How did a brand once known for ugly footwear change consumer attitude to become a household favorite? Let’s take a look.
Brands should know: it’s in trouble when the terms consumers associate with its products are terms like ugly and eyesore. That was the reality for Crocs and the reason why their trends were not so good for almost a decade. But something changed in 2017. People started buying Crocs. What was considered ugly shoes started appearing on fashion runways, celebrities were spotted wearing them, and every one wanted a pair of these “ugly” shoes.
How did Crocs pull off this magnificent brand transformation? And what changed consumer behavior so drastically? In order to understand the brilliance of their marketing strategy, we need to understand the underlying mechanisms of consumer psychology that impacted their brand transformation. We need to talk about consumer attitude and why it’s crucial to change attitude before trying to change behavior.
Changing Consumer Attitude
We know that every brand wants to influence consumer behavior. It’s a fundamental goal of business and marketing. Brands want to know, “How do we get consumers to stop buying our competitor’s product and buy our product instead? How do we take them from being a non-purchaser to becoming a first-time buyer? And how do we get them to spend more money over time?”
But not every brand knows a secret that research has confirmed. That is, in order to change consumer behavior, businesses first have to change consumer attitude. And if you don’t know what it means to change consumer attitude, then you won’t be successful at changing behavior.
Changing consumer attitude means understanding how much people like or dislike something—for example, a product, company, or brand. Their attitude is how they feel about something and changing their attitude is the first step of changing behavior.
Imagine trying to convince someone to do business with you, or invest in your idea, without any insight into how they perceive the category, industry, or product. If consumers have a negative attitude toward an SUV they’ve built because it consumes too much gas and pollutes the environment, doesn’t logic necessitate that they change the negative attitude about the SUV’s fuel efficiency before showing consumers promotional messages asking them to buy? Without changing their attitude first, how effective will they be at changing behavior?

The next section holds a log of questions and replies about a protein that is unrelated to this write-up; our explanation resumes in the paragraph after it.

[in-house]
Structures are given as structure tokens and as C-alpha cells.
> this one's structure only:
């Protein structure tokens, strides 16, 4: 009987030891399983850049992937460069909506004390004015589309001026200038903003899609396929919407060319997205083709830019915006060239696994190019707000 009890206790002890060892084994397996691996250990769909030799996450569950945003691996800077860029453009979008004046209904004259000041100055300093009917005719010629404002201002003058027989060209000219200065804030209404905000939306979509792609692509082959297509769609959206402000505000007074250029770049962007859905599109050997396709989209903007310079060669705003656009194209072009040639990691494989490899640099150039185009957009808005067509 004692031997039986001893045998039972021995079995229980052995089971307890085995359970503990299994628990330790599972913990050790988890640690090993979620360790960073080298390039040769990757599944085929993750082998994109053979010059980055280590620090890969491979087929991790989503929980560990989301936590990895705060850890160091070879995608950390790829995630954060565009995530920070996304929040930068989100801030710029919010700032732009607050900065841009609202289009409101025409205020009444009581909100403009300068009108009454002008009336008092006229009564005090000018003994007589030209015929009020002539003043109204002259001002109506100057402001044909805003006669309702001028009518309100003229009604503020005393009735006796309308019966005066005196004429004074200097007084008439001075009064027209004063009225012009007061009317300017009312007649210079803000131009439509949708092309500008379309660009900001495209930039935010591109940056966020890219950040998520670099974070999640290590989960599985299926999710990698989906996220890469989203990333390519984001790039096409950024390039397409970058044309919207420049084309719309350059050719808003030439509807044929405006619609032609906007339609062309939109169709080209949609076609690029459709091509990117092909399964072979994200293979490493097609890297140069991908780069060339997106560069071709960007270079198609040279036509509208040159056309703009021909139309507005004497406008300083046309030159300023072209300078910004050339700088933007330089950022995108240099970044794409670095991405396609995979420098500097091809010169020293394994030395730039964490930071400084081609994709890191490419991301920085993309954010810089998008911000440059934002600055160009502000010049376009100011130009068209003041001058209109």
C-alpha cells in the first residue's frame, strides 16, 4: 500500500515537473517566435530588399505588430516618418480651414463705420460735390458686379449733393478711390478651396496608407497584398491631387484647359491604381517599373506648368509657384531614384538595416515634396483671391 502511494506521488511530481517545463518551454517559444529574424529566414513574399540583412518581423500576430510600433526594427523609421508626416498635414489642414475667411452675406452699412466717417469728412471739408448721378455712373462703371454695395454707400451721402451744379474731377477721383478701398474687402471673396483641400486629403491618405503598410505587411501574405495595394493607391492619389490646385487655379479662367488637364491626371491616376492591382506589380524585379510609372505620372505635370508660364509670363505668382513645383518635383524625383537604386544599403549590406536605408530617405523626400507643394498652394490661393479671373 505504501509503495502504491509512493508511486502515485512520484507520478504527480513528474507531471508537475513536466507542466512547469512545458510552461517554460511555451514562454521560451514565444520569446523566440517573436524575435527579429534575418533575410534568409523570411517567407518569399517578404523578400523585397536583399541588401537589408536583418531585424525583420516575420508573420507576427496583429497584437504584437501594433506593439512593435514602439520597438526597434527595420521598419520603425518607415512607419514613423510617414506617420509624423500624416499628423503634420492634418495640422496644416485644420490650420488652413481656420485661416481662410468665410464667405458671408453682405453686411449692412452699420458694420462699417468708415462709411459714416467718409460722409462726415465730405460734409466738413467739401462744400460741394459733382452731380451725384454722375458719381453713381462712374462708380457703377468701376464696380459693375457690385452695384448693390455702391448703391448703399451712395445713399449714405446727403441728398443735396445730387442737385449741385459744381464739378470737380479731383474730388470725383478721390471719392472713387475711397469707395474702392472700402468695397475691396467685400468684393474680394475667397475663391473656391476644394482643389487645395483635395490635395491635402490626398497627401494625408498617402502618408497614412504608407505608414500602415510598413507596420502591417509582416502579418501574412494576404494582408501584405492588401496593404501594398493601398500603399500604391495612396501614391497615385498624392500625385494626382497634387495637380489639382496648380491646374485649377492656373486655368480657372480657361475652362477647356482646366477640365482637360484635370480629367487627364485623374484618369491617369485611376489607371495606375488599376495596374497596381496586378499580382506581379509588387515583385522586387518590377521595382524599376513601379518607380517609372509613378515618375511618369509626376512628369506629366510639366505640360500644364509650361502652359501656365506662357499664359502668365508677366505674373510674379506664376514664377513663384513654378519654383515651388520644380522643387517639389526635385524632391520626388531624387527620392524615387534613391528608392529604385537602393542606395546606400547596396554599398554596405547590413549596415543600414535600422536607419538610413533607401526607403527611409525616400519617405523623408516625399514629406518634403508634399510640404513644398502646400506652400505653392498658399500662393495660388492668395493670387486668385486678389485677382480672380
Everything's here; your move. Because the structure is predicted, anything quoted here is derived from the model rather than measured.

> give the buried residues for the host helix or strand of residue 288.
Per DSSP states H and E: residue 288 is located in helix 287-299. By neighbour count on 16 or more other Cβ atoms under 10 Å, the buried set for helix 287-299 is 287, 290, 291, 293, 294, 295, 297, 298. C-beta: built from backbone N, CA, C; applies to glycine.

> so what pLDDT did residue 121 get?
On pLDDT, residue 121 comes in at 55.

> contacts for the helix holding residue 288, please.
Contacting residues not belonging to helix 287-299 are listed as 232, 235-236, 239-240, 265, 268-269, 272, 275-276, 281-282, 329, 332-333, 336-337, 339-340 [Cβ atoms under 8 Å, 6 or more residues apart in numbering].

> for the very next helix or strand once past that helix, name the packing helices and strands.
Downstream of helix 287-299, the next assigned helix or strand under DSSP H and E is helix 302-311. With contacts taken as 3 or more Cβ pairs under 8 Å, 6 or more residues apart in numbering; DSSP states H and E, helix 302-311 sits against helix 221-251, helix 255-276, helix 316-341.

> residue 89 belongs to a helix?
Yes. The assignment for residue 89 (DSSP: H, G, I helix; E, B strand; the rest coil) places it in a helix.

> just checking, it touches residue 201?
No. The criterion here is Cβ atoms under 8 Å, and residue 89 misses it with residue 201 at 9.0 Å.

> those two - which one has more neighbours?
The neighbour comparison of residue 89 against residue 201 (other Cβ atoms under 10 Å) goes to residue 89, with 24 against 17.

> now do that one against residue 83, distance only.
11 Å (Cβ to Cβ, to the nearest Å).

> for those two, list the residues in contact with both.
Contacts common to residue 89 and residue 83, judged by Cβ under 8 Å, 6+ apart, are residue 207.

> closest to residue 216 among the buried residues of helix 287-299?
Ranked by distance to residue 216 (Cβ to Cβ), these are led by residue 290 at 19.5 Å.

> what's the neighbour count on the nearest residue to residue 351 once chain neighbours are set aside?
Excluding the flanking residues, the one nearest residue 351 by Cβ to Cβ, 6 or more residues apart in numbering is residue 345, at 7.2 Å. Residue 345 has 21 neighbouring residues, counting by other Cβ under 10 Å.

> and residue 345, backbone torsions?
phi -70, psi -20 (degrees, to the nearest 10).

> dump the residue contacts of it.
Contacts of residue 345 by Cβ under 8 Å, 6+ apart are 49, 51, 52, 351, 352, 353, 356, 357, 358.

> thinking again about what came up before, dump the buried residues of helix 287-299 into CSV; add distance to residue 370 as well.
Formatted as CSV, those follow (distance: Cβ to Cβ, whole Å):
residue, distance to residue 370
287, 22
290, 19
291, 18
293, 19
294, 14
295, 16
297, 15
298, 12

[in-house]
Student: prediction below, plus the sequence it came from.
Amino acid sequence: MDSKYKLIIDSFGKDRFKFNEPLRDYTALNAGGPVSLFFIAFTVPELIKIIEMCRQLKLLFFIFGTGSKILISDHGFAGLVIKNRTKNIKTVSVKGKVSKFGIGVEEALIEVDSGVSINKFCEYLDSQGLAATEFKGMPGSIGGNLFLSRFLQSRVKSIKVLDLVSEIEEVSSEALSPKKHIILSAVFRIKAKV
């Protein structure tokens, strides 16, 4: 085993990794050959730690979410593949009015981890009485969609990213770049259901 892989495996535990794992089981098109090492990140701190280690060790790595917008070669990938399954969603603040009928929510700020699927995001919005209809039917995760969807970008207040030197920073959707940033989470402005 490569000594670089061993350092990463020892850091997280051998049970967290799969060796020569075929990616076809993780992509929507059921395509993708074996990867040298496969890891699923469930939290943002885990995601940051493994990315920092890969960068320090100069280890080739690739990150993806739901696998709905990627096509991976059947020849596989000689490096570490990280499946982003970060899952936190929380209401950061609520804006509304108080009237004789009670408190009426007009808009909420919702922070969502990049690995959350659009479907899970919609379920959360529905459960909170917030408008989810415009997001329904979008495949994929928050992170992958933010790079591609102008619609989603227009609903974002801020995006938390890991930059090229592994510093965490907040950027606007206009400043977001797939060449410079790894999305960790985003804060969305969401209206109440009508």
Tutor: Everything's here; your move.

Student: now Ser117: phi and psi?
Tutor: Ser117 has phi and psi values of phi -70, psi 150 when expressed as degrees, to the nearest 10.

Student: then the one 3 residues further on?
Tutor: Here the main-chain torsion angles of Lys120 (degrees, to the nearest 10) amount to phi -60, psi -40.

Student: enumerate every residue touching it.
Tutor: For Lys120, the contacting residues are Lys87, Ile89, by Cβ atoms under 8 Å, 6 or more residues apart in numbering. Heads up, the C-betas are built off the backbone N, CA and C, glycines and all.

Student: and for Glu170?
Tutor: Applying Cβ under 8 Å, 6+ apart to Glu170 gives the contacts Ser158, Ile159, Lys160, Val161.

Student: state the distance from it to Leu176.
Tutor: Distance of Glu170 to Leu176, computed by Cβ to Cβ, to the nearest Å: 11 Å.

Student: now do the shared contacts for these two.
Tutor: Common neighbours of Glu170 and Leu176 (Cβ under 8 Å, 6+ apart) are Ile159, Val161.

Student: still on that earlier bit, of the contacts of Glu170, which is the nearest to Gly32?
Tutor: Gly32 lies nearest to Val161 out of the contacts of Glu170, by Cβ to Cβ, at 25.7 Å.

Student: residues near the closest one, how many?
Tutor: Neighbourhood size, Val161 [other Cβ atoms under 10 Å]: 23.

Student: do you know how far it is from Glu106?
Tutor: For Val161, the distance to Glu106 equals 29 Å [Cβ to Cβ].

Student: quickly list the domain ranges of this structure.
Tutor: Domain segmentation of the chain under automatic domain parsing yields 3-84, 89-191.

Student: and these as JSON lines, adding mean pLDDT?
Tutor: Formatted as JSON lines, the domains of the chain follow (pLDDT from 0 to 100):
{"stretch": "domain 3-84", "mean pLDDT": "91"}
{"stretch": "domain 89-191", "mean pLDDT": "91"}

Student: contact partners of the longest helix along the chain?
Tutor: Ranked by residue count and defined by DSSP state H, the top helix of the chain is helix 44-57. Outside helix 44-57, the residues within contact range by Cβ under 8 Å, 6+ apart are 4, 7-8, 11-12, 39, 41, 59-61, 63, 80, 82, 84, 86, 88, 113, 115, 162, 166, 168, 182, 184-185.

Someone’s attitude about your business is the core driver of their behavior. It is the primary force behind choosing one product over another, buying now versus buying later, and spending more versus spending less. So, it’s surprising that this topic remains unconsidered and unspoken of among business owners, marketers, and sales teams despite its obvious importance.
Attitudes Based in Feelings, Knowledge, & Behavior
So, it’s only appropriate that so much consumer research is focused on the psychological factors that drive consumer attitude. And according to the classic tripartite theory, consumer attitude can be based on three things: feelings, knowledge, and past or present behavior.
If consumer attitude says that a Cadillac is grandma’s car, that attitude is rooted in feelings. If consumer attitude says that Cadillacs have terrible fuel efficiency, that attitude is rooted in knowledge. And if consumer attitude says, “Our family does not buy Cadillac”, that attitude is rooted in past behavior.
Why is it important to know whether your consumer’s attitude is rooted in feelings, knowledge, or past or present behavior? Because persuasive messages are more effective at bringing about attitude change when they match the attitude base.
In simple language, a negative attitude rooted in feelings can’t be influenced or changed unless the persuasive message is also feeling-based. You shouldn’t try to argue against feelings using knowledge-based messaging. The attitude base and the content of the persuasive message must match.
As we see with Crocs, they did two things brilliantly to bring forth their brand transformation. They focused on changing attitude before trying to change behavior and they matched the tone of their persuasive message to the attitude base of their consumer.
They embraced the polarization, or “ugliness”, of their product and persuaded their customers to shift their attitude from thinking Crocs were ugly to thinking they were one-of-a-kind. They matched an affect-based attitude with an affect-based message.
Crocs rewrote their brand vision: “We at Crocs believe that everyone should be comfortable in their own shoes.” Thus, inviting people to go from being self-conscious about their appearance to being conscious about their comfort.
They called on their customers to value feeling comfortable in their shoes and prioritize that over everything else. And they called on people to be unashamed of wanting to be confidently comfortable. And they shifted consumer attitude to go from thinking it’s ugly design to believing it’s people-first, comfort-first design!
They knew what all great brands know. That is, before you can change behavior, you must change attitude. Before Crocs could find their way onto people’s feet, they had to find a way into people’s heart. And there’s no end in sight to the love affair between Crocs and its consumers.